Since caring for a garden is an ongoing pursuit, and maintenance breeds repetition, it can be easy for what once was a passion to become fairly monotonous. Between winter sheltering routines and spring cleaning regimens, your previously relaxing and inspiring time outdoors can become like a chore.
However, for many of us, gardening started as a way to reconnect not just with nature but with ourselves. A meditative practice that allows us some respite from the rush of daily life, to create space for our creativity and peace. As a reminder that your garden is as much a canvas for the mind as a sanctuary for the body, we’ve put together some of our favourite examples of unique and quirky garden design ideas.
Hopefully, these undeniably individual greenspaces will reawaken your own creativity and willingness to experiment in the garden.
Thinking in three dimensions
When planning the design of a space, particularly a garden, it can be easy to get tunnel vision and focus solely on the ground space you have to work with. However, there is no reason that your garden can’t be as multidimensional as any forest or jungle. Using vertical space has never been easier since there are now a plethora of building options and accessories that can be used to house plants above ground level, not to mention the larger species that already have their own vertical profile.
If you’re unsure where to begin or don’t have a lot of space, Trellis’ are an excellent way to add colour and character to bare walls and fences. You can thread them with climbing plants like Clematis and Honeysuckle that will not only bloom beautifully in the coming months but also hang your garden air with the scents of summer.
Gardens that have a lot of open areas might be best suited to a full Pergola, these hollow structures perform the same role as a Trellis’ – providing an anchor point for plants. The difference lies in the scale of the frame, Pergolas often reach above head heights and are sturdier than your average Trellis, this means you can be more ambitious with how you populate them. Grapevines are a popular selection in this case.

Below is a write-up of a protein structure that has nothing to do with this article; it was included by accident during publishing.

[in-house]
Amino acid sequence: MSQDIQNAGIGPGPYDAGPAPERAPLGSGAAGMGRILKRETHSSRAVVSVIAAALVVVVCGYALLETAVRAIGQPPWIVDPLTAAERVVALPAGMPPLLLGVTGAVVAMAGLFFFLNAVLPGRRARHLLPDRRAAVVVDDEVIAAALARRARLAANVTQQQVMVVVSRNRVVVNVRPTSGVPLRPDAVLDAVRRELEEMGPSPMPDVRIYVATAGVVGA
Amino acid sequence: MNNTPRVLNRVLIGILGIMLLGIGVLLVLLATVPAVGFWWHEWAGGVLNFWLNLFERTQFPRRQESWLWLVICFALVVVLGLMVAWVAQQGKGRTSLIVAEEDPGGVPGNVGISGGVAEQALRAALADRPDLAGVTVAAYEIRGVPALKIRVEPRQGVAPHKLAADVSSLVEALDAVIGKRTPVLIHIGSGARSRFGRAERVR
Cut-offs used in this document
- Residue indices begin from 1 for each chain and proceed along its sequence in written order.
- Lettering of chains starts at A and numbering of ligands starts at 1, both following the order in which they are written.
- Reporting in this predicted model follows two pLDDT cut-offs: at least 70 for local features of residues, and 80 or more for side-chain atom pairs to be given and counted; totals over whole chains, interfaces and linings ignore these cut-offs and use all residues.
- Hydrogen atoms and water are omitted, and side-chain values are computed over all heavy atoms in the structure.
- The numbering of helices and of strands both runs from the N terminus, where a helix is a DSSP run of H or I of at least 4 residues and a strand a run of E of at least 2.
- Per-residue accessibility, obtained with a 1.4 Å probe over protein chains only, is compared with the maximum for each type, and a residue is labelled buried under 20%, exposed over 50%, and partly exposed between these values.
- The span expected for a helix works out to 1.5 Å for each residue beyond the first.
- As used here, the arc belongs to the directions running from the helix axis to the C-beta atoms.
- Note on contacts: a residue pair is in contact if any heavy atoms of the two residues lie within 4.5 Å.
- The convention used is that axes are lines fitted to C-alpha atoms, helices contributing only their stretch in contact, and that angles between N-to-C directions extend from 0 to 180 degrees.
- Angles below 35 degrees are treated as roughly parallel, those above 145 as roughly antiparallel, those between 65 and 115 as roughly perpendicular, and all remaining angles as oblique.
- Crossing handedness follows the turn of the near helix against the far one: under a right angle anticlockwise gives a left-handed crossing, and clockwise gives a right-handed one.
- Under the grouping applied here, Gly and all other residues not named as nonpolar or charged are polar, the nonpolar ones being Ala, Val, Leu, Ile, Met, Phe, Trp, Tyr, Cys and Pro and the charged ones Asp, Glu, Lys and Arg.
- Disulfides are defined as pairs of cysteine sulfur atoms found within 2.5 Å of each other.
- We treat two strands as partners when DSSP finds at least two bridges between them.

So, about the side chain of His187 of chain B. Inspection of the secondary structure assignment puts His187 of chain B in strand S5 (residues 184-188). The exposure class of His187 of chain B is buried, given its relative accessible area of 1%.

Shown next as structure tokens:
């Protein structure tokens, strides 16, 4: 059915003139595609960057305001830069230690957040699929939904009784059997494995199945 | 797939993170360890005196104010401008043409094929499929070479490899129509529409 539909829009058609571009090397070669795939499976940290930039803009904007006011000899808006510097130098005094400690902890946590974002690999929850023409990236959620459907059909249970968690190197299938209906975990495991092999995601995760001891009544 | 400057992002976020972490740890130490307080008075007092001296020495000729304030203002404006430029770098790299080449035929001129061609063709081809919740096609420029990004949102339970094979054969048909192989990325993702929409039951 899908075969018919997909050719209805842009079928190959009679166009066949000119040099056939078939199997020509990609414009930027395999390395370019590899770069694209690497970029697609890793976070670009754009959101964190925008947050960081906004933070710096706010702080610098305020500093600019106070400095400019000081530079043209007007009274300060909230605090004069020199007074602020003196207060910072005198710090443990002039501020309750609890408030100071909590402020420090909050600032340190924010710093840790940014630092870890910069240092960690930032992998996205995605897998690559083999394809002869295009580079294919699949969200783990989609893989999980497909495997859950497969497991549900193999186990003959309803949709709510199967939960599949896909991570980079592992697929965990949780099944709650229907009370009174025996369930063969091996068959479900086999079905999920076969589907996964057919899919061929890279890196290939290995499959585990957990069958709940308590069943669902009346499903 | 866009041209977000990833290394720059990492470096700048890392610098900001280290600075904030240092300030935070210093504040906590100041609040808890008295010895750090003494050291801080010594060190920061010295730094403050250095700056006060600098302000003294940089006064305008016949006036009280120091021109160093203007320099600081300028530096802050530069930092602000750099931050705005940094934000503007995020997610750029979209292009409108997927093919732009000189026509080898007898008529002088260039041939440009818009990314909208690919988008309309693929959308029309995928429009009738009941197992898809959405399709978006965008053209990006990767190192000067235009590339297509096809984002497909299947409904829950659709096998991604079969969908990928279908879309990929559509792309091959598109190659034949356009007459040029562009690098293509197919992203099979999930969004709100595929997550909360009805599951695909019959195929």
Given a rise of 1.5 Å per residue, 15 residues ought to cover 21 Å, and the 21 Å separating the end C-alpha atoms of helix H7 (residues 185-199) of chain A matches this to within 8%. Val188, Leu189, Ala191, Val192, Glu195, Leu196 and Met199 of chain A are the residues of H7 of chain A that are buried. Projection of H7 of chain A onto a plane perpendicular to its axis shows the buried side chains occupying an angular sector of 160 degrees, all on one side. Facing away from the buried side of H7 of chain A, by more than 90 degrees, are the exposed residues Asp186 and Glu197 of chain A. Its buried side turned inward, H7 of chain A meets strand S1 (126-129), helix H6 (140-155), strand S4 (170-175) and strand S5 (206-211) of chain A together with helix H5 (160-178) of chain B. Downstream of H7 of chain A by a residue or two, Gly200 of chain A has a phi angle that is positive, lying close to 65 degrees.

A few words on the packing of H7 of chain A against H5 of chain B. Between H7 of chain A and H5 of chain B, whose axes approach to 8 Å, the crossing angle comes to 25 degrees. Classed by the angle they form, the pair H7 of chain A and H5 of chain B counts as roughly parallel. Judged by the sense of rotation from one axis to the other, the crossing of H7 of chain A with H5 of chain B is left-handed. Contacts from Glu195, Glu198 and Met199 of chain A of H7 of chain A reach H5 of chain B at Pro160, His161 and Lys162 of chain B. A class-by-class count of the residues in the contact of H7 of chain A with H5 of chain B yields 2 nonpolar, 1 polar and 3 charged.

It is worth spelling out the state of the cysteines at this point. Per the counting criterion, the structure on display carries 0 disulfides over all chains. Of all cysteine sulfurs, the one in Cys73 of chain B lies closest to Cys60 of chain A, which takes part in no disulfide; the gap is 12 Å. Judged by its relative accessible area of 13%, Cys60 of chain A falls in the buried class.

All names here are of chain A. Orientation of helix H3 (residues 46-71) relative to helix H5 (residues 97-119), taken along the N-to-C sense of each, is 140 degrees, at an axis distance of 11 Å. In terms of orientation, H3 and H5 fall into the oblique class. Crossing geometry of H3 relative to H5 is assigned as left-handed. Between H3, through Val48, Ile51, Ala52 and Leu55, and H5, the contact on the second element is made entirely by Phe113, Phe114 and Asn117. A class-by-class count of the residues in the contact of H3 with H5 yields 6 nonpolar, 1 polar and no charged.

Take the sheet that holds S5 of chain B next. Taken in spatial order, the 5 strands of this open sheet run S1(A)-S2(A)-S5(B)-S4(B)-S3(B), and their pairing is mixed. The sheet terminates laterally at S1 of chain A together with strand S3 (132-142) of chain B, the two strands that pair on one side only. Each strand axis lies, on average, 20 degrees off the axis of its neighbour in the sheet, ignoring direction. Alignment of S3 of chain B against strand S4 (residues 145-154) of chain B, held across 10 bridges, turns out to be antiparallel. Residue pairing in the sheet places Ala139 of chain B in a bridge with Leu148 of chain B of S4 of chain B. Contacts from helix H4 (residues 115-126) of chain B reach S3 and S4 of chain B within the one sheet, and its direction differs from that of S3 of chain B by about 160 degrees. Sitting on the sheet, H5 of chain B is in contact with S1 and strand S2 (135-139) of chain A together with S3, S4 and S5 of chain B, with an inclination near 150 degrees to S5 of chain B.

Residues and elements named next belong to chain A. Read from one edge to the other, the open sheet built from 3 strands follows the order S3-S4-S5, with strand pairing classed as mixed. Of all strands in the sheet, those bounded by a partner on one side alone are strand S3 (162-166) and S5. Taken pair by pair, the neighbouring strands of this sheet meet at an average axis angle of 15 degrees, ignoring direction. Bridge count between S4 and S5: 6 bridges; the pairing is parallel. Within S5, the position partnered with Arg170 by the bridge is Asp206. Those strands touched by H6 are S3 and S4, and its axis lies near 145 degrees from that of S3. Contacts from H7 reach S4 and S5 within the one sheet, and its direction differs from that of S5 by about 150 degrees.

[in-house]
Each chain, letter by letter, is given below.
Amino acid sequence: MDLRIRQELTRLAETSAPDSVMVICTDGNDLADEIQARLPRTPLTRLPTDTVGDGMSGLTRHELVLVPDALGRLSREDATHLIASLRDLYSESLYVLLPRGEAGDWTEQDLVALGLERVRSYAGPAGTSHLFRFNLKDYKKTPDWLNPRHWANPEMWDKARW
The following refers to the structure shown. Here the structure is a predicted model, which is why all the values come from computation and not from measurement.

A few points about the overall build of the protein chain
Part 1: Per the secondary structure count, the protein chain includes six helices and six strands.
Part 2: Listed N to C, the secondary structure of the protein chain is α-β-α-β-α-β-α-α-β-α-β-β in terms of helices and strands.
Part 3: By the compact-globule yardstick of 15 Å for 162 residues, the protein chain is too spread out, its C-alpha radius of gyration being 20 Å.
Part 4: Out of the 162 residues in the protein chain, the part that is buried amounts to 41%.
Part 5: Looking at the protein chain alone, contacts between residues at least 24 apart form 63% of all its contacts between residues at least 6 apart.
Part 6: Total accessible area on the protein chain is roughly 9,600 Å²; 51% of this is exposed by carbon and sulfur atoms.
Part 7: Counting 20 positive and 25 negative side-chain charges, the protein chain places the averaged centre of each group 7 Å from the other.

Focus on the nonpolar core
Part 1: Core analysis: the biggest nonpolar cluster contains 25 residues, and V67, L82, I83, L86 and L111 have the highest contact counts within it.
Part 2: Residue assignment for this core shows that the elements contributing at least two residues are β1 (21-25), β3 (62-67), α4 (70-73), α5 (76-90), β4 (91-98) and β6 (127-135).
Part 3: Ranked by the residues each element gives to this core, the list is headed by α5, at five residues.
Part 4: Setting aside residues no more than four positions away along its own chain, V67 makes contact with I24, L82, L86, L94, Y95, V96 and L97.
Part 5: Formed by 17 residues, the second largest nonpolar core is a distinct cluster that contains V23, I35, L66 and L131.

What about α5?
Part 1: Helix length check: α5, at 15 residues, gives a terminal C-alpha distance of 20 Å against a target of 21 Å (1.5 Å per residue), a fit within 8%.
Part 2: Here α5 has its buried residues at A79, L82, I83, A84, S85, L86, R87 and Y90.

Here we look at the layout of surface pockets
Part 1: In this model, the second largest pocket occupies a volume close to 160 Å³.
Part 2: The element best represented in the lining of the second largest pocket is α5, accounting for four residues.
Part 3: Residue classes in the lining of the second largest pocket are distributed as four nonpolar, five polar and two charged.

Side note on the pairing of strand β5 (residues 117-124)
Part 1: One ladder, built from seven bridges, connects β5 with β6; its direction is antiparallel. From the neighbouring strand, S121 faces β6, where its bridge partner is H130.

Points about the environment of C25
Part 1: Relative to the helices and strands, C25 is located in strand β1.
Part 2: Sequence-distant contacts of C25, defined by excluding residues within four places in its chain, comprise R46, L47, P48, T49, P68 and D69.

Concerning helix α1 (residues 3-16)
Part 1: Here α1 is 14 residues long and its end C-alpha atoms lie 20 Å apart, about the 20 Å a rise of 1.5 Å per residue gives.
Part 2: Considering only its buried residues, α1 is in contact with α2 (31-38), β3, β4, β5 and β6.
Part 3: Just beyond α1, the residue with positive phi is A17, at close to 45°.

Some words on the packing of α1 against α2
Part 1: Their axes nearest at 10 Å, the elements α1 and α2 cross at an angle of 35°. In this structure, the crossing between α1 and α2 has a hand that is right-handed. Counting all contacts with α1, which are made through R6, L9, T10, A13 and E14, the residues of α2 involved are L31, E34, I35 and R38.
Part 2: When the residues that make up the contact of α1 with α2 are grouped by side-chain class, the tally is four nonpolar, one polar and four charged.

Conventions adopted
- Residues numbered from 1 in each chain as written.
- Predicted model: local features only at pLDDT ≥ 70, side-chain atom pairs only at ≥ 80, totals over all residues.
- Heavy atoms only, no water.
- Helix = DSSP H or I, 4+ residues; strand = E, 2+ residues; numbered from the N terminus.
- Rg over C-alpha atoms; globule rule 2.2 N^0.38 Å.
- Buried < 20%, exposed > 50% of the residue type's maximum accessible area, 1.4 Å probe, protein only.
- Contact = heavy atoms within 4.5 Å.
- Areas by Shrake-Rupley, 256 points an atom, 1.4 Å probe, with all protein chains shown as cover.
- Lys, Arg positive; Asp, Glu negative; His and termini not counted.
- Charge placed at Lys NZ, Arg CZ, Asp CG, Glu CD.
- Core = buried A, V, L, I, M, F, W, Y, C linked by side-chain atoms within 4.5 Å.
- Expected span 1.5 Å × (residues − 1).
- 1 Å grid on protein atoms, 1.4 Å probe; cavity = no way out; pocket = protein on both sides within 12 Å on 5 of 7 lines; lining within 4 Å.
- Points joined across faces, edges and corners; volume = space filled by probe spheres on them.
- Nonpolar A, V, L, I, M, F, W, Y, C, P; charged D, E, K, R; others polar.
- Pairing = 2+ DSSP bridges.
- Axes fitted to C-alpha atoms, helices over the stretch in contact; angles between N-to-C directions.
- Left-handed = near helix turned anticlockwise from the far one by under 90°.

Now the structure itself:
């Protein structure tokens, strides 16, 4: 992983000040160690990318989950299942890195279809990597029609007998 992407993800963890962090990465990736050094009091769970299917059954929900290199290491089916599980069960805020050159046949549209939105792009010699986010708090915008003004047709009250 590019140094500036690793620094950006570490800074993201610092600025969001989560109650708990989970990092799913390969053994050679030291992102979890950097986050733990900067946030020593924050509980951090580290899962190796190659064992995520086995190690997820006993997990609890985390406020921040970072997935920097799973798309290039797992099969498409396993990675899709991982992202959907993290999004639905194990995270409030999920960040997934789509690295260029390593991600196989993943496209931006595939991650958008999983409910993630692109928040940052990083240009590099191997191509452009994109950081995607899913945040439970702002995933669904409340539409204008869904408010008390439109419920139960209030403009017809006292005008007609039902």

Finally, you have the option of green walls, we’ll cover a novel way to build one of these later, which are essentially vertical planting beds made by hanging pots off the wall in question and filling them with plants that either hang freely or can be trained into your desired shape.
Less is more
A garden’s purpose varies from person to person though most commonly we use it as a respite from the busyness of daily life. Why not double down on that philosophy and build yourself a Zen garden.
Zen gardening has long been a practice of monastic traditions throughout East Asia, the creativity and tranquillity of the pastime are thought to aid in the acts of contemplation and meditation. Partially resulting from this spiritual reverence, distinct Japanese gardening styles emerged.
One such style, which might aid your own creativity contemplation, is known as Miniaturization. The style refers to the use of dwarf plant species, Bonsai trees being among the most famous, and strategic landscaping to recreate miniature scenes from nature. Sandboxes are iconic in this gardening style, often raked to maintain a level or rippled surface that is often meant to represent a desert or ocean landscape.
Under this style, your garden truly becomes a canvas, built for aesthetic appreciation rather than producing certain colours, scents, or species. The beauty here is that you are able to interact with the garden still, largely through maintenance, and also create a sense of escapism by having your own miniature paradise to steward and enjoy.
Treasure your trash
Finally, we have a gardening aesthetic designed to engage your crafty and DIY sides. Upcycling has become something of a buzzword in the past decade, in light of the deepening climate crisis probably, and the combination of lockdown restrictions and platforms like Tik Tok and Youtube gaining increased prominence means that a whole new generation of DIY hobbyists has emerged.
Though they may not be immediately obvious, there are a variety of everyday waste items that can be upcycled for use in your garden. Tin cans make excellent candle holders and, with a hole punched through, can be suspended from tree branches or fence posts. PVC piping, usually used in plumbing, can be converted into narrow planters that are already prefabricated to slot together and conserve water.
Perhaps you have old pallets from previous gardening ventures? Once broken down you have a ready supply of timber that, after a sand and weather treatment, can fill the role of most outdoor furniture. Alternatively, if you have or are investing in a fire pit then a few good whacks with an axe will break a pallet into manageable pieces to keep you warm on summer nights.
The list goes on, though it’s worth mentioning probably the easiest and most cost-effective upcycling strategy for gardeners: composting. You’re already producing food waste anyway, why not separate the plant-based scraps and put them to work fertilizing the plants you’re trying to grow?